WJEC AS Psychology PY1 - Psychodynamic Approach

Notes for the Psychodynamic Approach including: assumptions, theory, therapy, methodology and evaluation of 2 strengths and 2 weaknesses.

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Psychodynamic Approach - Assumptions

Assumption 1 - Tripartite Personality - id, ego, superego

- id: represents the greedy part of your personality; acts on the pleasure principle; if id dominant, you are selfish and known as ****** type

- ego: represents the rationalistic, realistic part of your personality; based on the reality principle, if ego dominant, you are self-obsessed and known as the narcissistic type

- superego:  begins to develop when child begins to internalise parent's values and beliefs especially same-sex parents; represents the moral part of your personality: gives you a conscience if superego dominant, you are obsessive and known as the obsessional type

a healthy personality = good ego strength

id and superego are in constant conflict; ego tries to balance conflict - for example, at an ATM, id desires £100 whereas superego desires £10 so ego tries to find a balance to please both parts of the tripartite personality.

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Psychodynamic Approach - Assumptions

Assumption 2 - Importance of the unconscious mind - shameful desires and wishes, real meanings of dreams, repressed memories located here which we are never aware of.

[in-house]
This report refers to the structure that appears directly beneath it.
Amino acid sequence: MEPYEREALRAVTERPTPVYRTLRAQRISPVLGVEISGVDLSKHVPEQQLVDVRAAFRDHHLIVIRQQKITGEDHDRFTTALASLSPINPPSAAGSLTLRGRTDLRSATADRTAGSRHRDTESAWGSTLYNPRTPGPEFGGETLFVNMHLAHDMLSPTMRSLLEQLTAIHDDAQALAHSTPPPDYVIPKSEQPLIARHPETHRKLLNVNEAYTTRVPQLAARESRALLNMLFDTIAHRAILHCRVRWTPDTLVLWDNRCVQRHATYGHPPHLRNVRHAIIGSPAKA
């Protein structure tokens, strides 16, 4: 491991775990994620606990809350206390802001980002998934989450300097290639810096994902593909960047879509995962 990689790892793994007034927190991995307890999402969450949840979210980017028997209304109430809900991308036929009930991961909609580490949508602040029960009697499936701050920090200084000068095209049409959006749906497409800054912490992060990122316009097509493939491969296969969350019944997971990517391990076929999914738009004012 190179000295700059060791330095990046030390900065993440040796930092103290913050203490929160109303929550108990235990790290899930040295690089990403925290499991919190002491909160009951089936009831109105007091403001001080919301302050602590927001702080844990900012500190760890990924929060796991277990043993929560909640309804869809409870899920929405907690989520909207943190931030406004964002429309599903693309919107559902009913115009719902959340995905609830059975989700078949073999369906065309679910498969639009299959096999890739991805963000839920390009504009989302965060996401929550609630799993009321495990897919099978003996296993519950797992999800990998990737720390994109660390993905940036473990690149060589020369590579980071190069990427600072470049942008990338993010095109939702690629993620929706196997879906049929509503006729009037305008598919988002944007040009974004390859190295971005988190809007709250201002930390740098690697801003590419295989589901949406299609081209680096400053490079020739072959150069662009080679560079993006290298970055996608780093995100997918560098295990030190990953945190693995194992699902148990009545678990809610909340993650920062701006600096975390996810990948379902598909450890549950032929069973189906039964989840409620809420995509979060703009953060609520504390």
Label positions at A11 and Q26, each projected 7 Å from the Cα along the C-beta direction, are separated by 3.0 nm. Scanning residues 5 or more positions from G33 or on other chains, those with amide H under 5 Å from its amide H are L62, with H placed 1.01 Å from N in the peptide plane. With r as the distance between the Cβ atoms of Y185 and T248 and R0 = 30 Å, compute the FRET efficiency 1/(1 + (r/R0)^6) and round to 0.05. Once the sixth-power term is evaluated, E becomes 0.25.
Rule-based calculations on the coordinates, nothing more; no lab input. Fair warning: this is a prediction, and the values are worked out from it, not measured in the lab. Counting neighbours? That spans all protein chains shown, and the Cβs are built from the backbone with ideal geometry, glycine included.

Occasional glimpses of the unconscious: in dreams, Freudian slips, defence mechanisms

Defence mechanisms: distort reality + stop unconscious desires reaching consciousness:

  • repression: where memories are distorted so there is no memory
  • denial: refusing to acknowledge something about yourself even if there is evidence for it to be true
  • displacement: feelings towards person/object passed onto another person/object
  • reaction formation: unacceptable thoughts unconsciously converted into something you're against e.g. homophobia
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Psychodynamic Approach - Theory

Theory - Freud's Theory of Psychosexual Development

Fixation:an obsession that is based on a trauma when a child; the trauma involves over/under gratification of psychosexual stages

Psychosexual Stages:

Oral (breastfed): too much: oral passive personality: unrealistically optimistic, cheerful, needs approval (personality) + compulsive talker (behaviour); too little: oral aggressive personality: pessimistic, envious (personality) + smoker, bite fingernails (behaviour)

Anal (potty training): excessively early/harsh: anal retentive personality: stingy, stubborn (personality) + obsessively tidy, punctual (behaviour); late/relaxed: anal expulsive personality: messy, rebellious (personality)

Other stages are: phallic, latent and genital phase

In the exam: role of tripartite, psychosexual stages + defence mechanisms.

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Psychodynamic Approach - Therapy

Therapy - Dream Analysis


REMEMBER LINK TO ASSUMPTION PARAGRAPH - identify potential unconscious conflict - therapist tries to establishes real cause of behaviour.


Dreams: provide an outlet for unconscious desires, where wishes can be fulfilled that can't be satisfied consciously; they can be done whilst protecting the sleeper from knowledge of the desires.